Older Workers May Risk Spinal Fractures from Steroid Injections
Older workers often face unique safety and health challenges, including a higher risk of back pain as a result of repetitive stress or overwork. A new study finds that when older workers receive steroid injections, their risk of potentially devastating spinal fractures rises.
The researchers, whose work was published in the Journal of Bone and Joint Surgery, stop short of completely blaming steroid injections, or specifically lumbar epidural steroid injections, for a higher fracture risk. However, the researchers say that the findings are conclusive enough to recommend that doctors be more cautious about recommending steroid injections for older adults with lower back or leg pain.
For years, the use of steroid injections to ease back pain has been very popular with doctors. In these cases, the injection is administered to the site of the spine that is the source of the pain. The pain is often linked to a compression of the nerve at the site. However, regular use of steroids can decrease bone density and increase the risk of fractures. This new study points to an increased risk of spinal fractures when a person receives the injections.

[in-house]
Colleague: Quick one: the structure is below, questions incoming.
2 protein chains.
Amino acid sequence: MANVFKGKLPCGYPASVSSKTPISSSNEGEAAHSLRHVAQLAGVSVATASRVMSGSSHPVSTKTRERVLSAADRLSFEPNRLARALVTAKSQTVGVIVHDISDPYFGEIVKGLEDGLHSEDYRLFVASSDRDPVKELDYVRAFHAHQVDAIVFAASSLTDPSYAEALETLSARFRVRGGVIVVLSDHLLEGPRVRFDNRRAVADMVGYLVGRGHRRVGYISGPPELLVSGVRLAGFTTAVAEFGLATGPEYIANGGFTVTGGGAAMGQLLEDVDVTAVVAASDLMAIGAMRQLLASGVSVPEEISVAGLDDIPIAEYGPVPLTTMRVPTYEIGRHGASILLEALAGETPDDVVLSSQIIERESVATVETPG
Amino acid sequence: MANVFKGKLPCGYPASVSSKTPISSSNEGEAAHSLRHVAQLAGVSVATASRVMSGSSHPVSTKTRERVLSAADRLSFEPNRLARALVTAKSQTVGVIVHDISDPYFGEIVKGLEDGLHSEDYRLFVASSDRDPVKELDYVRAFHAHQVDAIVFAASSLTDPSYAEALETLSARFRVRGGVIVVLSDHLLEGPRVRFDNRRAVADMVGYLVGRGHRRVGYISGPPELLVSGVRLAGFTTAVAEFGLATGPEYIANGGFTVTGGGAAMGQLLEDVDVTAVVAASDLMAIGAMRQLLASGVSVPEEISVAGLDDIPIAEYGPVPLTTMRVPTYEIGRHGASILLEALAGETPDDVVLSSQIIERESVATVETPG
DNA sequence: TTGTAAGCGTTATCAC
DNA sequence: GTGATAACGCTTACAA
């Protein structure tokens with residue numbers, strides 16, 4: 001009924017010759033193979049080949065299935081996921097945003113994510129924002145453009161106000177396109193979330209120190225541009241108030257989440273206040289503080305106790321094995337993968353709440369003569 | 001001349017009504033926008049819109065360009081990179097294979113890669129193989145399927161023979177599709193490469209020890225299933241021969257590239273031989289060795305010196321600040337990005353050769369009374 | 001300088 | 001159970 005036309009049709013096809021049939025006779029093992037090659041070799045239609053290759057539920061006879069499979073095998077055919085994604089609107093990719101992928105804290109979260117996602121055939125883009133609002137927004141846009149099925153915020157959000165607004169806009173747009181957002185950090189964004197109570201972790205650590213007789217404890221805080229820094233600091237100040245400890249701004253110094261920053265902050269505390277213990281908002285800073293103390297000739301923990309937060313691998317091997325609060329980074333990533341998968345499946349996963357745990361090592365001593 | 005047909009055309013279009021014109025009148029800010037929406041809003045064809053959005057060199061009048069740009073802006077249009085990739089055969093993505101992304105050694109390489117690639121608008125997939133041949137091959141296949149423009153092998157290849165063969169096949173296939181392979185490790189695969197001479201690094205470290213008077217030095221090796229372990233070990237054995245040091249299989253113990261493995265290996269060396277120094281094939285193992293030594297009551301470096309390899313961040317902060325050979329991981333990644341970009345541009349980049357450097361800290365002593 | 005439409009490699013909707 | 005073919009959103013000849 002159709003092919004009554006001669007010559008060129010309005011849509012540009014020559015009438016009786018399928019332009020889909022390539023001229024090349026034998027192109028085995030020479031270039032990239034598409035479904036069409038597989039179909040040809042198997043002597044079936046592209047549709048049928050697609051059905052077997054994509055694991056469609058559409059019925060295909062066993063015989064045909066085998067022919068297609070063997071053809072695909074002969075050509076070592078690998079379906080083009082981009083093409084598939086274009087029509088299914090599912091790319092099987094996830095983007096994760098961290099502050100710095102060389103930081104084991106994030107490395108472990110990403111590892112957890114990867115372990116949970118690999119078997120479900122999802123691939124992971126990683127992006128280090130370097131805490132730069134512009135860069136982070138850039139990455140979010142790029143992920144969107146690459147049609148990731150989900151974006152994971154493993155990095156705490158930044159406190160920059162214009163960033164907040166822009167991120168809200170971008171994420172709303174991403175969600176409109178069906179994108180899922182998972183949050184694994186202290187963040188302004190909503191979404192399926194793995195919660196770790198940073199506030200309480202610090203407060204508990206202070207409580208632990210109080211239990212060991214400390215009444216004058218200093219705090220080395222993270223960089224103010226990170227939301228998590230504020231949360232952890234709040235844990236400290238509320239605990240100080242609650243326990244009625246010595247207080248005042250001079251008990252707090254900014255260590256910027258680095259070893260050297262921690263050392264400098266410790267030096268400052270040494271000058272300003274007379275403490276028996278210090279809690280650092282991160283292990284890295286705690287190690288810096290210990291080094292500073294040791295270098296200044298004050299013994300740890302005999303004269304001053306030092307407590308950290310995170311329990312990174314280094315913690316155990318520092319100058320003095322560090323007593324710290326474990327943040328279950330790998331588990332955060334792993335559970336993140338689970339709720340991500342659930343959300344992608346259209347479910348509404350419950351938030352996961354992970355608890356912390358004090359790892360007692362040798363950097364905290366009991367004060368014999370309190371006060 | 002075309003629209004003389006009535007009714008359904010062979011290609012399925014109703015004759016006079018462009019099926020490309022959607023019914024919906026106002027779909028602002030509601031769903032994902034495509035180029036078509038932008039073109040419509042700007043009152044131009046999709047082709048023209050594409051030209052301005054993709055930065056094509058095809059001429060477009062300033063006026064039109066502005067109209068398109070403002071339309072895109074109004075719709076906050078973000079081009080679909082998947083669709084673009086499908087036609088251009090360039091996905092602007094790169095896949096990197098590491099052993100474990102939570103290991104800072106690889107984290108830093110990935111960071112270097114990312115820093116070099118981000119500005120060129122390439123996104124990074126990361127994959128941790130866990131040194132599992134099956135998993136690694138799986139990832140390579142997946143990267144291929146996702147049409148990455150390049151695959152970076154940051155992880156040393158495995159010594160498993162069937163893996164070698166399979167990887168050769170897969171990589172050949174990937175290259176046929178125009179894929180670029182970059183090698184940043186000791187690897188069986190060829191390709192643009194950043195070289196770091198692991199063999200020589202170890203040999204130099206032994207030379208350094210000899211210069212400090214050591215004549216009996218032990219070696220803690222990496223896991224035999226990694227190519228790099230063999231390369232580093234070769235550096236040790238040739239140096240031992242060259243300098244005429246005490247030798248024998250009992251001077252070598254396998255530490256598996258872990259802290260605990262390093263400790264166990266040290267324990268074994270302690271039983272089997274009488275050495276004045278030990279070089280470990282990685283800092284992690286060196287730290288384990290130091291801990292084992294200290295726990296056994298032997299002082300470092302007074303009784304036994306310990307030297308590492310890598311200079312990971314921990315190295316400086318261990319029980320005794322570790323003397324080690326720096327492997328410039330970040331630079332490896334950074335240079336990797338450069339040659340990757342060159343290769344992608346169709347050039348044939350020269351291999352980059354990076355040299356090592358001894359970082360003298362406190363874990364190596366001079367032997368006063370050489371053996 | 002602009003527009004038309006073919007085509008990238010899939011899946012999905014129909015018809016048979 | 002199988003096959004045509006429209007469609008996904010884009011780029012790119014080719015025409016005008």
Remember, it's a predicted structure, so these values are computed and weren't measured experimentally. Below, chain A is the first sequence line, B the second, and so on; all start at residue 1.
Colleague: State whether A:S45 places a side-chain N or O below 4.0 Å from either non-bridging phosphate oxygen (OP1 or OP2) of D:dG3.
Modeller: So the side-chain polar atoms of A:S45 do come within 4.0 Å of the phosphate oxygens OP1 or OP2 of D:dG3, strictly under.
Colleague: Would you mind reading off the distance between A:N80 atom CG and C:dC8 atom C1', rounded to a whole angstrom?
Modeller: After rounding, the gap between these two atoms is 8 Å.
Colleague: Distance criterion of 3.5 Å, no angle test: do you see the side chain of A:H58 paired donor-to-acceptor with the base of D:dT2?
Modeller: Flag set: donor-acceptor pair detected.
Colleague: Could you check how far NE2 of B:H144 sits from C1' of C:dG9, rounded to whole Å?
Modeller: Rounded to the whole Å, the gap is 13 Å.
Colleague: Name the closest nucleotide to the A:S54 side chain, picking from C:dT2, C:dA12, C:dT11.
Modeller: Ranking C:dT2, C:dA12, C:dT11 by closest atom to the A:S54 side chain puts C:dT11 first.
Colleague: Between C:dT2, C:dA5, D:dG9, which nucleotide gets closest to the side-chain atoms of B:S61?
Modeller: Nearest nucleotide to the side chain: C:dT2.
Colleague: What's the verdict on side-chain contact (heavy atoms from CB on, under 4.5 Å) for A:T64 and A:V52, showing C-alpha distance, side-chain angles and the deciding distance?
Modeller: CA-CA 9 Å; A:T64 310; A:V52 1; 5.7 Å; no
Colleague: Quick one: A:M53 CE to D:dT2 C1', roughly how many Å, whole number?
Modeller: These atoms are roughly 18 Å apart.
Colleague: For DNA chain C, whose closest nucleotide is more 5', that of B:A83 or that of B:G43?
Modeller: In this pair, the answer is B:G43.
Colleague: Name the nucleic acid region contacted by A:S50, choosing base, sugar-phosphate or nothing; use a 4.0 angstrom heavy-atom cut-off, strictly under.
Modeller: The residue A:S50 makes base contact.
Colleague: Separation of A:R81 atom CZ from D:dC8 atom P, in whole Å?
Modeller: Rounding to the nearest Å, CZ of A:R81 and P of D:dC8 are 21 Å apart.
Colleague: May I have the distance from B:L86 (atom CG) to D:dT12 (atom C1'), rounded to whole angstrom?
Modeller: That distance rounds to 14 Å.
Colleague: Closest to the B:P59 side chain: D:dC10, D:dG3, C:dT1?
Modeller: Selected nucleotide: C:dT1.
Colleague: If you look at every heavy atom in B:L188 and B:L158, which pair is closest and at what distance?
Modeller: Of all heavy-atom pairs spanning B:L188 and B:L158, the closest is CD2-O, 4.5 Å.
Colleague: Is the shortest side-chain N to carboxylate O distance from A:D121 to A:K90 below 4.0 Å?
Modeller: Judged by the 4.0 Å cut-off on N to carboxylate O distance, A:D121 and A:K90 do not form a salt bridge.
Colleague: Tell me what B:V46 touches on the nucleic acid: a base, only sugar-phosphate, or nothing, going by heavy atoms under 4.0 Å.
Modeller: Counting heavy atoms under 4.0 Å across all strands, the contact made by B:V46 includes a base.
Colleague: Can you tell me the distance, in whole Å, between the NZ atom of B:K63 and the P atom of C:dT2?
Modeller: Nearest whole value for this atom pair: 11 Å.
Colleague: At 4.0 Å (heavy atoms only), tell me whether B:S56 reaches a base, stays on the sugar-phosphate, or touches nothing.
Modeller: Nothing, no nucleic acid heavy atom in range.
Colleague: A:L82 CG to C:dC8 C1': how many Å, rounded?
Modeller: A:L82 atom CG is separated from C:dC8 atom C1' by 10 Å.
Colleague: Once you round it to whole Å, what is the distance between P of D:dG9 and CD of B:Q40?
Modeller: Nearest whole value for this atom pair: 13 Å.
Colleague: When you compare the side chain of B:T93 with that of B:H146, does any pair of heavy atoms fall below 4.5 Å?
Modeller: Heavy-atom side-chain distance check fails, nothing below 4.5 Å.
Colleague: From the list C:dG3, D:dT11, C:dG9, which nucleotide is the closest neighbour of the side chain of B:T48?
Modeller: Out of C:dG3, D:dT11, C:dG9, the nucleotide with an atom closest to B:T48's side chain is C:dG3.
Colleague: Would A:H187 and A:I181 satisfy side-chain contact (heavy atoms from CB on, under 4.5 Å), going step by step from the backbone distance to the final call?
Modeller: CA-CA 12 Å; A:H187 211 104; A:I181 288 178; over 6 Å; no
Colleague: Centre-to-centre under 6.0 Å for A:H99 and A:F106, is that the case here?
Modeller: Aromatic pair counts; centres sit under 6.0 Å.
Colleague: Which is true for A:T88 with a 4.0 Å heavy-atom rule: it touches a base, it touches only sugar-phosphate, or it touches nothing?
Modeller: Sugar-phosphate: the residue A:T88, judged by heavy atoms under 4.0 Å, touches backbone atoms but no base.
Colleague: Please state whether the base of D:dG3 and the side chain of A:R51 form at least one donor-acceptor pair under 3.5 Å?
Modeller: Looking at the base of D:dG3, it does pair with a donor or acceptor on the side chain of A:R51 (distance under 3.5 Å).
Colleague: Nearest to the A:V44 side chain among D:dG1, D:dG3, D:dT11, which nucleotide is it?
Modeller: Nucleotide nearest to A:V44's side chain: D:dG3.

The researchers caution against using the results of the study to avoid spinal injections, but they do advise doctors to weigh the risks when they consider steroid injections for adults over age 65.
Older adults are not just at a higher risk of injuries but may also be ineligible for some treatments, as this study indicates. That makes it all the more necessary for employers to take safety measures to avoid musculoskeletal injuries and repetitive stress injuries among workers.
Michael Parsons is an Atlanta workers’ compensation lawyer representing injured workers in the metro Atlanta region and helping them recover the workers’ compensation benefits that they have earned.